Most insightful people do this… Man in the mirror reference here?
Before you combat shame or “shame resilience” as Brené would put it, full acceptance of said shame is required. Damn that therapy I was in for a year surely has paid off.
- You have to teach yourself that you deserve not to feel shame. You have to love yourself. I know this all too well, that this is a long journey, yet an important one.
- Once you’ve decided you deserve to not feel like shit all the time, you need to recognize where you shame yourself, where you say “I am bad.”
- Then, and finally, combat it! This is where you’ll have to buy the book and read it, as I know that this is different for everyone!
Once you realize where your deficiencies are, you need to see where you project this to others. Do you shame your partner or spouse— what about your children?
This level of self-awareness is a more difficult level of insightfulness, but not always hardest to combat. I know that on days I can treat myself like shit, but I strive to be nicer to Nick. This, of course, isn’t always the case but it really is important to go in order (Start with self, then your loved ones– you can only go backward for so long before you slip up.)
A common theme throughout this book is the idea of “never enough,” and how our culture reinforces unrealistic ideas about perfectionism as it relates to self-fulfillment or success. This thread is in all aspects of our lives, especially in our workplace. Given the imbalance of power (money exchanged), it is easy for things such as shame and guilt to permeate a culture.
If you’re reading this and are currently in a work environment that feels “not right,” or uncomfortable, I’d suggest giving this chapter a read. Heck, maybe you feel you’re nailing your professional sector– I’d still suggest it!
Brené states, “Blaming, gossiping, favoritism, name-calling, and harassment are all behaviors cues that shame has permeated a culture.”
Of course, it’s easy to see those words and think, “duh those things are bad,” but really think about it… Does your workplace engage in those things? If so, how does that impact your personal journey?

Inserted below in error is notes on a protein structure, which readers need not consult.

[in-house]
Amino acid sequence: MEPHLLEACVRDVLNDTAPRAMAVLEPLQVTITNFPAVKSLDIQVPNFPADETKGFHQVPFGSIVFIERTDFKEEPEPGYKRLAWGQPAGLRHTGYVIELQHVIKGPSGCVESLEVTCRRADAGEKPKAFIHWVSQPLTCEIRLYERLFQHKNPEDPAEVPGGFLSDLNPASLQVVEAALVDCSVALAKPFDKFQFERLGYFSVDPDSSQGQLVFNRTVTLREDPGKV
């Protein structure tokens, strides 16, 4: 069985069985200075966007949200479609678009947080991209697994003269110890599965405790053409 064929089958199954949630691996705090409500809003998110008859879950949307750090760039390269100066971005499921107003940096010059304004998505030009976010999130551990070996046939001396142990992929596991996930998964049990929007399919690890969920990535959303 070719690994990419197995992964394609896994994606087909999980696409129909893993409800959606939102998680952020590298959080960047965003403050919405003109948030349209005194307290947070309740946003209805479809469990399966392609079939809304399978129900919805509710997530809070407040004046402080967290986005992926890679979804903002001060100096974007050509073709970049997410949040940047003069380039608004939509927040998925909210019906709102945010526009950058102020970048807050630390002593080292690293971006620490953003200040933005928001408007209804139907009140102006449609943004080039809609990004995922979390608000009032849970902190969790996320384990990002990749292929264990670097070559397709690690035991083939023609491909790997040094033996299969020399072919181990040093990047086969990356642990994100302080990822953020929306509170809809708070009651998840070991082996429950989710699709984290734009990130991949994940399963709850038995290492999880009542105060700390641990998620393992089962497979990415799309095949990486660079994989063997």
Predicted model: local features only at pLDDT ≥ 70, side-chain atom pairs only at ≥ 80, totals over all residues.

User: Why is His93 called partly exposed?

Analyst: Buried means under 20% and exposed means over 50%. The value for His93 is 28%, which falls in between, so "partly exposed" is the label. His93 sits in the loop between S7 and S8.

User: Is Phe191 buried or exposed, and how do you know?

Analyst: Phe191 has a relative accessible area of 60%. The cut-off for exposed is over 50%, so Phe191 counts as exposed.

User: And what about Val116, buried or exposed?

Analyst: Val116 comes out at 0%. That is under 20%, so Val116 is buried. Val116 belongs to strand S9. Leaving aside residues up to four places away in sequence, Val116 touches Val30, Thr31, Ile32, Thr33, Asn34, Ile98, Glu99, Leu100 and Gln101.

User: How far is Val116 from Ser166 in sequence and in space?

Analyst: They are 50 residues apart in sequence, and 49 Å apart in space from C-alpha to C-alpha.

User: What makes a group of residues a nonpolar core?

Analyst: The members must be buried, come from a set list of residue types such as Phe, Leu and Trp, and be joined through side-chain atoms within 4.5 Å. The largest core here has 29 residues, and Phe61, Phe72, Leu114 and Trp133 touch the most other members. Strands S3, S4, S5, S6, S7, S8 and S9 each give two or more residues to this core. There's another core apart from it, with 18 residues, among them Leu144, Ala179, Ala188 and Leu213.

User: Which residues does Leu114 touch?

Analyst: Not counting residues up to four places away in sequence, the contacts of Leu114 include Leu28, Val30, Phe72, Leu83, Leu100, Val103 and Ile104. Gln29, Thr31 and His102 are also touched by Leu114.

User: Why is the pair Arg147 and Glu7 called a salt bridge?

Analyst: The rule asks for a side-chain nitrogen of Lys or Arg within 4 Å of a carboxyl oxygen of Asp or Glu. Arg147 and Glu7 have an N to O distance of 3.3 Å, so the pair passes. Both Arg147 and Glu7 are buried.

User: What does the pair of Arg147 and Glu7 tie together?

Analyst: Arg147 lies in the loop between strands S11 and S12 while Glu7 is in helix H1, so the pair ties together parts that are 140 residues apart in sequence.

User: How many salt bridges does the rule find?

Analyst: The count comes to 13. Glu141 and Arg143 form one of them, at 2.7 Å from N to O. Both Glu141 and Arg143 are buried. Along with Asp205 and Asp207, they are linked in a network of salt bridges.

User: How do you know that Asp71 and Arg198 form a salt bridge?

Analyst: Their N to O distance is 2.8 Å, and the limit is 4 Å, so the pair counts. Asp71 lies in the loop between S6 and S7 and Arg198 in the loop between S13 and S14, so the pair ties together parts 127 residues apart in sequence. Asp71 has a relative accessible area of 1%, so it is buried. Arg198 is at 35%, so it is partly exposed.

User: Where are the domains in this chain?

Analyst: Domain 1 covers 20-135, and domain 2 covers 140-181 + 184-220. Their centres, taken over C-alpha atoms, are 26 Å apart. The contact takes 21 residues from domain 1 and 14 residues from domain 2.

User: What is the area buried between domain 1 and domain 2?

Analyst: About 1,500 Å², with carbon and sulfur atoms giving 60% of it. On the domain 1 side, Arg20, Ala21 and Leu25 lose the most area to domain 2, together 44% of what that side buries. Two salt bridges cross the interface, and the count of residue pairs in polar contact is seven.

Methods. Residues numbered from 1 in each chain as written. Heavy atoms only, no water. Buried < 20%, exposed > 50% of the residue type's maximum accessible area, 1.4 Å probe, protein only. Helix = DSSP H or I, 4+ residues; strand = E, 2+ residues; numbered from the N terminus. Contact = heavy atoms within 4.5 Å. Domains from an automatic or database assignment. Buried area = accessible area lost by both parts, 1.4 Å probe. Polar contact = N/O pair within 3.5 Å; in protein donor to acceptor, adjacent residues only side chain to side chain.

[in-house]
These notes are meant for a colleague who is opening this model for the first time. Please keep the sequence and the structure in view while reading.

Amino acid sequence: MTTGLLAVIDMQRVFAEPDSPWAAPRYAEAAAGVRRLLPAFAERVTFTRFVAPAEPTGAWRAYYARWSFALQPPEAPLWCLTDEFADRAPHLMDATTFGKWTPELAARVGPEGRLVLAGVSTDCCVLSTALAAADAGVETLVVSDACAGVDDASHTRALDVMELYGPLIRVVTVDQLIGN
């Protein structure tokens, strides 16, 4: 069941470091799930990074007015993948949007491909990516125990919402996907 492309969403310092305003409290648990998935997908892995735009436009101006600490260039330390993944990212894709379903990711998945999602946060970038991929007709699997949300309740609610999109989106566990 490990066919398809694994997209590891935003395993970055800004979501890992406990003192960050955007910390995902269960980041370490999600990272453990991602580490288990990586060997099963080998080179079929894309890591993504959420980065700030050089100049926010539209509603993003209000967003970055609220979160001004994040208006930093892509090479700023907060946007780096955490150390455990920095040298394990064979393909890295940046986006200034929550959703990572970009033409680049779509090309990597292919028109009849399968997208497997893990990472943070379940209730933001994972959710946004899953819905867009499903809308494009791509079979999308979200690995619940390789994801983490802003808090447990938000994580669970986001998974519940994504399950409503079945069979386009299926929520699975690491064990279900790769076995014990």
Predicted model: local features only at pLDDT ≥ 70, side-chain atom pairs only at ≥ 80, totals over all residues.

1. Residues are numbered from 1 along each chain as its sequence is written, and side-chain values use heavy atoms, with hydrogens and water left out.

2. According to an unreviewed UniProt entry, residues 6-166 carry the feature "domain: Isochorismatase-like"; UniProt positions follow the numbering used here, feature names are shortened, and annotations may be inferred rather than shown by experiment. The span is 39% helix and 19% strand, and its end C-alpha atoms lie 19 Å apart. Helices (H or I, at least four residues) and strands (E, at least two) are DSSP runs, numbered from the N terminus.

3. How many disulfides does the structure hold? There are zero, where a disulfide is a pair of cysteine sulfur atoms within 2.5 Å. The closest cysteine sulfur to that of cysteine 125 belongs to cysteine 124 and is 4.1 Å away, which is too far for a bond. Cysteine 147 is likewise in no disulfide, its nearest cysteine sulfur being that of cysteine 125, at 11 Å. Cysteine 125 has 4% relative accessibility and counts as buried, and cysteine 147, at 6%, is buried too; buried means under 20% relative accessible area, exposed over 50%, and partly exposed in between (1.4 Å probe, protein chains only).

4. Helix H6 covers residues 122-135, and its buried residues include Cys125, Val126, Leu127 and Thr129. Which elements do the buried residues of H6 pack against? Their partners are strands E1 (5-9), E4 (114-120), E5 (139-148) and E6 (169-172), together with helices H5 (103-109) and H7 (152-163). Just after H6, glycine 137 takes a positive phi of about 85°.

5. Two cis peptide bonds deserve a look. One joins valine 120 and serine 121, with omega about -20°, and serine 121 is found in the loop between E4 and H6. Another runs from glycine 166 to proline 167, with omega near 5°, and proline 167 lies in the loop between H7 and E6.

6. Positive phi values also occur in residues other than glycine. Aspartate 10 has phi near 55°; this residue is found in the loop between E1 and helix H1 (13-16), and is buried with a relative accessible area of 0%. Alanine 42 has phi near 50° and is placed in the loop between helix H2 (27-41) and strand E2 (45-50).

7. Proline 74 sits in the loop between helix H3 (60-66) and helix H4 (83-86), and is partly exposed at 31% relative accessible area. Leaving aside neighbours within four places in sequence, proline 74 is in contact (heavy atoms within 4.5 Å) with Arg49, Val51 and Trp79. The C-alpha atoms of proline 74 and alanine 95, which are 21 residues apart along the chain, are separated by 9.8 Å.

Is your organization giving you the tools to be the best person professionally? Do you “fit in” or “belong?” These questions are beyond important to analyze. You may learn that you do belong exactly where you are, but have some things to change within your current system– maybe not? Either way, knowledge is power, and you’re worth advocating for yourself.
While I don’t have children or anticipate having any within the next many years, I love reading about parenting. Several years ago, I listened to an interview with Fiona Apple, and she stated she enjoyed reading parenting books, as she likes to think of herself as the child. She thinks of how she would teach her children, then turn the lessons upon herself– oh, how I love that weirdo.
However, I think Fiona is on to something. The section on parenting really ties the entire book together for me. It makes me think of myself, my environment (work), and my future (children), and how all areas are intersecting constantly– with ourselves being the core. There is simply no way around it– we have to become the best version of ourselves and treat ourselves with kindness, and without shame or guilt.
My favorite lesson from this chapter is the idea of showing your children the expressions on your face, without guilt or shame. Show joy, pain, fear, happiness– everything pure and vulnerable. Teach them it’s OKAY to be… Or, from Fiona’s perspective: teach myself its okay.
I practice this with myself each day, and with my dogs, and Nick. I try to show up to the arena without armor and be vulnerable… because, after all, if I’ve done it right, everyone in there with me will be just as vulnerable and we will all be daring greatly.